I think what I'll do is continue to plan, say, 2 mornings a week to be spent at the barn, and try to make other rides in the evening.  (Evening rides interfere with work less but don't allow for trail rides — I need daylight for that, which means mornings, because the afternoons have been too hot lately.  Plus mornings are when the rest of my trail-riding buddies go, and Panama and I don't hit the trail without at least one other horse and rider with us, for safety reasons.)  This will be a flexible schedule, though: I'll continue to stay home when I need to work, and plan on adding extra mornings in to make up for it when I have slower weeks.  Slower weeks will be defined as less client work — I can generally get work done on my novel at any time of day or night, but with client work I am more productive when I don't lose half my day by going somewhere in the morning.

What about you?  Do you have any hobbies that you try to plan your work schedule around?  The nice thing about freelancing is that you do have a little more flexibility, even if many of us pay the price by working more hours in the long run.  (Hard to get away from work when you don't leave an office at the end of the day!)  Or do you find that you work better if you treat freelancing like a 9 to 5 job?  I know freelancers on both end of that spectrum, so I don't think there is a right or wrong answer to this question, just personal preference.

Wednesday, July 27, 2011

Some small progress

I was getting tired of only researching, and feeling like I had nothing to show for it, so yesterday I worked a bit on writing for a change.  I've been reading some books about the time period, but I'm only reading/researching about an hour a day, and I feel like it's not enough.  I also feel like I needed to write a little more, to keep the spark of interest alive as much as to add to my word count.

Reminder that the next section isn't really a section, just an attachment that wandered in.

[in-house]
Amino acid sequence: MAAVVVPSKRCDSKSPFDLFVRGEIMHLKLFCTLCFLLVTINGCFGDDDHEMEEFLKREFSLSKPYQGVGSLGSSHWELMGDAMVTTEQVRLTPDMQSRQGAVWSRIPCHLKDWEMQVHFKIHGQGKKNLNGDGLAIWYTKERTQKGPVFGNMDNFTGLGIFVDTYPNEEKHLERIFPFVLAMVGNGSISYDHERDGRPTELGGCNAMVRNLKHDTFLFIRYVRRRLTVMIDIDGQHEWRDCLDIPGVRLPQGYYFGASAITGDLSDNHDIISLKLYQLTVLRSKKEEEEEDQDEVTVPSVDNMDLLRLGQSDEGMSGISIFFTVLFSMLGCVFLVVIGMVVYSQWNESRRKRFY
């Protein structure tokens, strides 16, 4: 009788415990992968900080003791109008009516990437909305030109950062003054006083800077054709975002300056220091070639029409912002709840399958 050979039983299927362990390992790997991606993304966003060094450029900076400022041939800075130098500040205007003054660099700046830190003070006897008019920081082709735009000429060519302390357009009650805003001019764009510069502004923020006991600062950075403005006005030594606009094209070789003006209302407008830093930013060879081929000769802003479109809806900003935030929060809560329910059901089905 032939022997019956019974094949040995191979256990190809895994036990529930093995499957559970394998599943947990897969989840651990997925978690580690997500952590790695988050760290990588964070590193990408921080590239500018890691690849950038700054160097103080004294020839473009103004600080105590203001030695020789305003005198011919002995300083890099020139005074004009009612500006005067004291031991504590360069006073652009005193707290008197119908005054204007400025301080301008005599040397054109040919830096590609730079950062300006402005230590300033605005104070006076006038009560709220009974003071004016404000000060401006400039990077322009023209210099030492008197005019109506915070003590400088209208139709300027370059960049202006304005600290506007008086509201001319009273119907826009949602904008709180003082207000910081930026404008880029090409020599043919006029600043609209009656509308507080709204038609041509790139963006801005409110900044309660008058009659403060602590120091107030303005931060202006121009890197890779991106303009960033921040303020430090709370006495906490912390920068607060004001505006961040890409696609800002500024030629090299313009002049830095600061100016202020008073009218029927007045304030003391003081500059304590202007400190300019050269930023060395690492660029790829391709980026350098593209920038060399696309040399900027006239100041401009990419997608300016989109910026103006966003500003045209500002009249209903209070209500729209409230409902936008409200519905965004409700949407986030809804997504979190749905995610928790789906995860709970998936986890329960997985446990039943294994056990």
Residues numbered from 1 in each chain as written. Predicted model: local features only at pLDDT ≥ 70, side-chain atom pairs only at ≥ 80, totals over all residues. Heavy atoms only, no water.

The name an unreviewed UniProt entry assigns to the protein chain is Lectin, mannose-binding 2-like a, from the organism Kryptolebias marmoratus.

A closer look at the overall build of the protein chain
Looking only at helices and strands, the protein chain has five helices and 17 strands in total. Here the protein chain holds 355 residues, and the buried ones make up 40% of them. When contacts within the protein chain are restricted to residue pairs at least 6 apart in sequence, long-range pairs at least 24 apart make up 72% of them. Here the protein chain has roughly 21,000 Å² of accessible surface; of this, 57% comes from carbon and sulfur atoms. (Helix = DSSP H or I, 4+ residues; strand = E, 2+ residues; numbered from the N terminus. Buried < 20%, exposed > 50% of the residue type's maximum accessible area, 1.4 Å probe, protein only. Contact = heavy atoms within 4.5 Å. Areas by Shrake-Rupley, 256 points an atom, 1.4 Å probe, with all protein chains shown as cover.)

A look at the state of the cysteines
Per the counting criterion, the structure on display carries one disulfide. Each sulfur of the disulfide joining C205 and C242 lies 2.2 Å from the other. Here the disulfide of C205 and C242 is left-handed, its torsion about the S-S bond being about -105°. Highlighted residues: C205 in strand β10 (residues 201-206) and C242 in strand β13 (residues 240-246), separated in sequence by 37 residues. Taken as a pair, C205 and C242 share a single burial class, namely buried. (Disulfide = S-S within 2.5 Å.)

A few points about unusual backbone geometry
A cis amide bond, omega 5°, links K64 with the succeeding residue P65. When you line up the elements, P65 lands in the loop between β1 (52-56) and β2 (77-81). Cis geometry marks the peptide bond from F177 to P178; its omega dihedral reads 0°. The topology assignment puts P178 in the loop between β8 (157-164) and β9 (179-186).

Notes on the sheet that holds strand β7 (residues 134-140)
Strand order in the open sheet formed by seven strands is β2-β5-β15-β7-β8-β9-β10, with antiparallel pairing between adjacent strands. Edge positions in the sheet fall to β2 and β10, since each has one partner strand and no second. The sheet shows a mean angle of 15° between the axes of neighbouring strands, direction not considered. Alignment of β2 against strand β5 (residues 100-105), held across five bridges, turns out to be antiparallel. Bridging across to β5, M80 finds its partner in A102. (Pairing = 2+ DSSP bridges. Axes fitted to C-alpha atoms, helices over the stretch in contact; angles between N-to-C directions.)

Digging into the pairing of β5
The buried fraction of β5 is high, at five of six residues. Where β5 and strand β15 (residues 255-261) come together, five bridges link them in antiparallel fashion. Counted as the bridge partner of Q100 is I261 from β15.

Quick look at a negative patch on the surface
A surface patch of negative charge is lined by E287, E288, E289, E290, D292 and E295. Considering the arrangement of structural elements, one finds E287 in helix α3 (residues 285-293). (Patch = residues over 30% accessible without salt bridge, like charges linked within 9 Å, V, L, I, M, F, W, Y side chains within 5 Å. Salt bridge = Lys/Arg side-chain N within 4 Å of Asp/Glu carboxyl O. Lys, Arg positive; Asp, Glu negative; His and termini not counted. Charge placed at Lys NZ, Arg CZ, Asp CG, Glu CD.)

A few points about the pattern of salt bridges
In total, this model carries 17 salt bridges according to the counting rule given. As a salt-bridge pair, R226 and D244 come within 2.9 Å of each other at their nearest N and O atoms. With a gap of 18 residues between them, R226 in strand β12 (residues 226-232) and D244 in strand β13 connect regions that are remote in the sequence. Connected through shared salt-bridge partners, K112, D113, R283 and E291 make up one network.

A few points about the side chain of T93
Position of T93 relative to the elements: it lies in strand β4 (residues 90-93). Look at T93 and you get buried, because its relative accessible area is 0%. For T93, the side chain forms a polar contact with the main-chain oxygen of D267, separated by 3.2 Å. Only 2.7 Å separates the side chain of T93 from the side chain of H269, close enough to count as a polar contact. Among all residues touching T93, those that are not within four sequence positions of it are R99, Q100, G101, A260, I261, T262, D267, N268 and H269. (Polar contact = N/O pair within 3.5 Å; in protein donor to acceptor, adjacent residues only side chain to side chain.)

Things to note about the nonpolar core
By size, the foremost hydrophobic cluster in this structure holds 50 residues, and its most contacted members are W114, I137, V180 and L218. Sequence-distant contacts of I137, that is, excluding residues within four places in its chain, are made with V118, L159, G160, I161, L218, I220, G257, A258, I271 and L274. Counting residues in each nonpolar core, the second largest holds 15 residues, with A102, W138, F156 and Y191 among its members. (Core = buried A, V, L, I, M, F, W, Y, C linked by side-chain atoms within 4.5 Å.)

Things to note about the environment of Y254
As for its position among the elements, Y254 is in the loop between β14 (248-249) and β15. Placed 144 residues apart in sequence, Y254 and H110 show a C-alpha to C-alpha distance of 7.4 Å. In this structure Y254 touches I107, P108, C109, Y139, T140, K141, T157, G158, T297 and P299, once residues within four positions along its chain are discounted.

Once I got started writing, I couldn't stop.  I wrote a bit toward the end of the day, then again at Barnes & Noble, and again after a late-evening ride.  In the end, I added more than 1700 words to my word count, and updated the word count meter in my sidebar.  Eighty thousand words is kind of a rough goal — I actually have no idea yet how long this novel will be, or even what it should be.  Further research is needed in that area, too.

I still have background research to do for the novel's setting and some of the details of the plot, but I'm thinking it would also be a good idea to start writing here and there, sketching out scenes as they come into my head, and fleshing out an outline.  Not all of this requires a lot of research to make it right, and it would be good to feel like I'm making some quantifiable progress on my novel.

Tuesday, July 19, 2011

In need of a timer app